The other day, a friend and I were discussing making rice. I get the impression that rice is often touch and go for a lot of people. They have heard lots of different versions of what works and what doesn’t work and often don’t understand why it never turns out quite right. Even on Masterchef, a cooking TV competition with super-skilled contestants, I have seen rice fail.
Because I cook it often, over the years I managed to perfect a way to make a loose, fluffy and tasty rice that doesn’t stick to the bottom of the pan, without thinking too much about it (even though my skills do not come close to any of the talented people that cook on TV!).
This is very useful to accompany dishes like curries and chilli con carne. It’s nothing special, it’s plain rice but it really never fails. One important aspect is the size of the pan as the larger the area in contact with heat in relation to the ‘height’ of the rice inside the pan , the quicker it will cook, the more it will stick to the bottom of the pan and the drier it will be.
You can make more interesting rice dishes using the same technique by adding spices, fresh garlic or vegetables when you fry the rice at the start and let them boil with the rice. You can also add boiling stock instead of boiling water for a flavoured rice. For coriander rice, for example, just add a sprig of coriander to the top of the rice 5 minutes before it is due to be ready and when you loosen up the rice with a fork make sure you shred the now softened coriander leaves as you move the fork and remove the stalks if you prefer (although that’s where the flavour is). The rest is the same, though. I tend to estimate 75ml of dry rice per person and always add double the volume of rice in liquid. The more people, the bigger the knob of butter needed 🙂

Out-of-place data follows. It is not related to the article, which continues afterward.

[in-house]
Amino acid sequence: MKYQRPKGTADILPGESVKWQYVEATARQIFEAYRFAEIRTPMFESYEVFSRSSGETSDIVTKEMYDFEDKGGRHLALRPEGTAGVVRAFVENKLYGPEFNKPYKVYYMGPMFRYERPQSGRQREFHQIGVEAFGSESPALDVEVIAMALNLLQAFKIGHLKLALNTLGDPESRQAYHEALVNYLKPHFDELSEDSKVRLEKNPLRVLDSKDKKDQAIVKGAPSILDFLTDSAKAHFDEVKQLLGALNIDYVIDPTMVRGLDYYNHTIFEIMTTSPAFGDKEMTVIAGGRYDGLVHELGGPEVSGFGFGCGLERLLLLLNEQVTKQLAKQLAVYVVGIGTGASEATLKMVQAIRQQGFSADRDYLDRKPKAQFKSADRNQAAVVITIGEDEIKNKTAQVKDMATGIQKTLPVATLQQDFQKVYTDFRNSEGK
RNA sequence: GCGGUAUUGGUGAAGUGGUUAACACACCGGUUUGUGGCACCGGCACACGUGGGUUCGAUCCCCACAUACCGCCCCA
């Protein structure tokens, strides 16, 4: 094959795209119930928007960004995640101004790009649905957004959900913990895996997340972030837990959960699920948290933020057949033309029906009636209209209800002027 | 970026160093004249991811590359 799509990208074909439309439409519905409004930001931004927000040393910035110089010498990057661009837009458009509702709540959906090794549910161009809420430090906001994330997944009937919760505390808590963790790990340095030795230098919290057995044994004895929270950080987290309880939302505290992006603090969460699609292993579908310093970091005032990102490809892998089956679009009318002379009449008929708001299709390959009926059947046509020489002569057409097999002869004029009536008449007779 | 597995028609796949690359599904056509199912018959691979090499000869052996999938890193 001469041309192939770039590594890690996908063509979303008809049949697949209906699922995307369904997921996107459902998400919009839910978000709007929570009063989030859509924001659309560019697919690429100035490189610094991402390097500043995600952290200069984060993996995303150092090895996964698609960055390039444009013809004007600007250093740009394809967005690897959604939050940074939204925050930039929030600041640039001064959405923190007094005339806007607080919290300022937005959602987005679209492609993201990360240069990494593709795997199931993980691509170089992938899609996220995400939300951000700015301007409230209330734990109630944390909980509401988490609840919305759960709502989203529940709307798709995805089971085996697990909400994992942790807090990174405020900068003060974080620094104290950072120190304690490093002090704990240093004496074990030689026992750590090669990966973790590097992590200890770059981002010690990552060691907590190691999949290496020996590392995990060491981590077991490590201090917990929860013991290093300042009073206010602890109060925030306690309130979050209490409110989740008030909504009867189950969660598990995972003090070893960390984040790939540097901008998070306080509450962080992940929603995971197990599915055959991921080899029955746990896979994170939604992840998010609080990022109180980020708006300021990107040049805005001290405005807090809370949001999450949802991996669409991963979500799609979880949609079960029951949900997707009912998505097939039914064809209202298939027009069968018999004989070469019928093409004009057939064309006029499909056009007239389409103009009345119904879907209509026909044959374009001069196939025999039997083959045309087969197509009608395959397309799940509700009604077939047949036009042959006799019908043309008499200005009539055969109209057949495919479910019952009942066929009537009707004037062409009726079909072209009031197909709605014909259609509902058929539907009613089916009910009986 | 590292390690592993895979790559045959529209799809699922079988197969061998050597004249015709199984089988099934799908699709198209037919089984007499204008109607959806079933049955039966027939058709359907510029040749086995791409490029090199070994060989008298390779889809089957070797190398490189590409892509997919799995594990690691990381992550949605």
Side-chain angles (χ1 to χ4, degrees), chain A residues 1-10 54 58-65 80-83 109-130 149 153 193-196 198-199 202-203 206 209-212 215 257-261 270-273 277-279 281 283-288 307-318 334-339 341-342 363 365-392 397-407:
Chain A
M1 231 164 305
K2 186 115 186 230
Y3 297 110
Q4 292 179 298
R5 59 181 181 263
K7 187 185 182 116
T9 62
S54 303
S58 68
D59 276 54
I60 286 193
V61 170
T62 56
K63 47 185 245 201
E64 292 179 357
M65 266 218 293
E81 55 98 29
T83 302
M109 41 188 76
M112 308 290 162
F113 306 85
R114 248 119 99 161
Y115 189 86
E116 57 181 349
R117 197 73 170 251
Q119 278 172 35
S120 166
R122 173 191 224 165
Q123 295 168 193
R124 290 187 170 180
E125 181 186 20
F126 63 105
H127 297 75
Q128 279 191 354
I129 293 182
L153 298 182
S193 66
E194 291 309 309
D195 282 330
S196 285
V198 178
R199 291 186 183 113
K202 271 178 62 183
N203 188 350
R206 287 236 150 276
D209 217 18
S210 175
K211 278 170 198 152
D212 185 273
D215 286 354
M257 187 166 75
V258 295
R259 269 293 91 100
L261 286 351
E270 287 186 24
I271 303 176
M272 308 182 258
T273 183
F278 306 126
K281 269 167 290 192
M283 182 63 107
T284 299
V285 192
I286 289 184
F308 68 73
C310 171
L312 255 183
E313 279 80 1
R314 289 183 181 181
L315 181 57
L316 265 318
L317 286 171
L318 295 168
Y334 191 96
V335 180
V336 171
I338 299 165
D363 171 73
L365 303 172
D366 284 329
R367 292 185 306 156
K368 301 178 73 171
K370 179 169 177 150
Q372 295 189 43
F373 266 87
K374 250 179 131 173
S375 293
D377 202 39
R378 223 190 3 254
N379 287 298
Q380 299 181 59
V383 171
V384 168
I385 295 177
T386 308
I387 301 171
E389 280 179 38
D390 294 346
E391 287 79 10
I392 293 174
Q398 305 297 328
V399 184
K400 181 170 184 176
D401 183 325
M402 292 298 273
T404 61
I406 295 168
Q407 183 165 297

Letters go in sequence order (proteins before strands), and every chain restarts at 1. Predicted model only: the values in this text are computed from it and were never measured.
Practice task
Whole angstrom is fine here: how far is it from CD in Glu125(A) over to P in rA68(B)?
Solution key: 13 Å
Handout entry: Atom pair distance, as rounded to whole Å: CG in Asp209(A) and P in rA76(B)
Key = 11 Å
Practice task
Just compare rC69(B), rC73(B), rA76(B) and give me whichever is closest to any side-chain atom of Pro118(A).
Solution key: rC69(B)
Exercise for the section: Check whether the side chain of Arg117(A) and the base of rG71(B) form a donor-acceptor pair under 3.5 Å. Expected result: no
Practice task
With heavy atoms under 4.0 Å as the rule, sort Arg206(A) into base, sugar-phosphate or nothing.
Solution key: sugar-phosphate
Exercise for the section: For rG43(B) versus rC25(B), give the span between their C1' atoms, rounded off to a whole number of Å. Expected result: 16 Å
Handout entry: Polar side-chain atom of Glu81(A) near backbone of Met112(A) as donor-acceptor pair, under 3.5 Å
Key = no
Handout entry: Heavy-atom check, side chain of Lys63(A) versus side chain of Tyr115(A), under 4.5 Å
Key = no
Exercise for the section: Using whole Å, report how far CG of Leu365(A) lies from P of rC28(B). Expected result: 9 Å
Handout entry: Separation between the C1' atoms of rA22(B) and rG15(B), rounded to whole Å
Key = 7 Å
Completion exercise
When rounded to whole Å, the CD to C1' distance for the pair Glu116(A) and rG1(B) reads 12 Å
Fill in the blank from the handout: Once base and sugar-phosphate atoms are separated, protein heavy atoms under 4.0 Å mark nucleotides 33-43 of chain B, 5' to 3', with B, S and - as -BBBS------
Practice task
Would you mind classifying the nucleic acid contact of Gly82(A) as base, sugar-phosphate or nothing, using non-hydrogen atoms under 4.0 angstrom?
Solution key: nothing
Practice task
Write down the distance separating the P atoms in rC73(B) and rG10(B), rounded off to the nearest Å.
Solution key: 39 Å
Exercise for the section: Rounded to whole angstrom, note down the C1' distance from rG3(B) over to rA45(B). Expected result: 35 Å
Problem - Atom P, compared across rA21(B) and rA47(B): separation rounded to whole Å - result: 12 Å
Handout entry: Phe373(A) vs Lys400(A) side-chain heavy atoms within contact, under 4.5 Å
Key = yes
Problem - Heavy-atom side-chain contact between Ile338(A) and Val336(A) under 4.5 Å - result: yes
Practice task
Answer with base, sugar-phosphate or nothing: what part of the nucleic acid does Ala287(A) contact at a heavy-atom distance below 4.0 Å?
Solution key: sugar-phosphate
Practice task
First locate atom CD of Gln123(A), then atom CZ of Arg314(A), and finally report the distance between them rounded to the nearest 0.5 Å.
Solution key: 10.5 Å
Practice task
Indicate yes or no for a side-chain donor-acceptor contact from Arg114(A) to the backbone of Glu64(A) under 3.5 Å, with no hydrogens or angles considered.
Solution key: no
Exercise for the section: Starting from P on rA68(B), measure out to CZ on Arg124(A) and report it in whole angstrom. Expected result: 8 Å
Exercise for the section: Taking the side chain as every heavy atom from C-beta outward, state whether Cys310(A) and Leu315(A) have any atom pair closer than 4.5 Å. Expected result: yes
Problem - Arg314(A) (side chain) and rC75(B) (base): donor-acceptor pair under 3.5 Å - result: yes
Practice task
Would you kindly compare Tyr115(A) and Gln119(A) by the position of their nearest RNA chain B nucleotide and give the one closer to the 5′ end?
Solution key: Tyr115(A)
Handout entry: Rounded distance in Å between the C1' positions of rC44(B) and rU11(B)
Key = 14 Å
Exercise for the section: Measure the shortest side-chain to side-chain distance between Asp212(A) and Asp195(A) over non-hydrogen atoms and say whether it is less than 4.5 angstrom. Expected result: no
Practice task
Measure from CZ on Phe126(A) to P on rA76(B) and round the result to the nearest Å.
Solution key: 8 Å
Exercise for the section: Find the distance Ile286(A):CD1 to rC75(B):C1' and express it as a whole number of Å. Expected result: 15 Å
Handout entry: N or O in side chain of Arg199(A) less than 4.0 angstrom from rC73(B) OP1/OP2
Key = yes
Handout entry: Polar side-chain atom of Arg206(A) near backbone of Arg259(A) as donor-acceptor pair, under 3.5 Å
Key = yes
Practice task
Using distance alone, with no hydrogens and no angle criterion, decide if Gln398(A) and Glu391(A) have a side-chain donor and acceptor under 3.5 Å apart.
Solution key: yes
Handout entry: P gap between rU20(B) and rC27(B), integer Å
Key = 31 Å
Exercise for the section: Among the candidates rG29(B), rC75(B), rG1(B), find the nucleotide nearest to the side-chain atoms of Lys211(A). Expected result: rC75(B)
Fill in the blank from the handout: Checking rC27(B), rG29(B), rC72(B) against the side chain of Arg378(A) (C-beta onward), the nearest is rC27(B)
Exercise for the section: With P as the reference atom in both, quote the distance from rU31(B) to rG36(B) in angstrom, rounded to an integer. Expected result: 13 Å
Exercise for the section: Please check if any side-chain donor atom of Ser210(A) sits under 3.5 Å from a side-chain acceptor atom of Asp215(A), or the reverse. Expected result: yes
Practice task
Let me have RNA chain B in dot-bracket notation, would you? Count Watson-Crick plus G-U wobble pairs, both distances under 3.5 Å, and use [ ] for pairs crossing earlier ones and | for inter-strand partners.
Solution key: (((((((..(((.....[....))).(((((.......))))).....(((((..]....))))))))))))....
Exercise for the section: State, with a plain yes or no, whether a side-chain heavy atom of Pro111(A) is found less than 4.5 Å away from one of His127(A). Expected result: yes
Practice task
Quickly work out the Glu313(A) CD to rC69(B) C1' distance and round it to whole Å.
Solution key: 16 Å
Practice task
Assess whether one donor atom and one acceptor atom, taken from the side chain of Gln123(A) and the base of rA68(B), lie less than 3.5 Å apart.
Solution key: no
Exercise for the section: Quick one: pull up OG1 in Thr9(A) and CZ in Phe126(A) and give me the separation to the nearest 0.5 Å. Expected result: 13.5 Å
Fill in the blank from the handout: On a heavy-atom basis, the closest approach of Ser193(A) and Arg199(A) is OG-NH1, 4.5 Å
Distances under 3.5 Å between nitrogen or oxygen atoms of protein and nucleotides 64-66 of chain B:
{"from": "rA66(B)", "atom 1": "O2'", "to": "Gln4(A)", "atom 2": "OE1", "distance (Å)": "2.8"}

- 300 ml basmati rice
- 600 ml water boiled
- 2 tsp olive oil extra virgin
- 1 knob butter size of a tbsp
- Salt flakes
- Place the butter and the olive oil in a medium saucepan (one that has a lid) on medium heat and boil a kettle.
- When the butter is melted, add the rice.
- Fry the rice in the butter/oil mix until the rice goes opaque and feels a bit ‘gritty’ as you stir it.
- Add the boiling water (you are essentially scalding the rice). Season well with salt – stop adding when the water begins to taste salty (don’t worry, the rice won’t be) and mix well.
- Let it boil on medium to high heat (it should be fairly tumoultuous) with the lid open until the water starts to disappear from the surface of the rice and you can see little ‘craters’ all around.
- At this point cover completely with a lid and reduce the heat to the lowest setting on your hob. Let it steam for around 10 minutes.
- After that time open the lid to see if the rice is cooked, replacing the lid quickly in case it is not cooked - you don’t want the steam to escape. If it’s cooked, remove the lid and loosen the rice with a large fork. Make sure most of the steam escapes as you do this (you don’t want the rice to continue cooking). Stop when you have loosened all the grains and got rid of most of the steam and serve.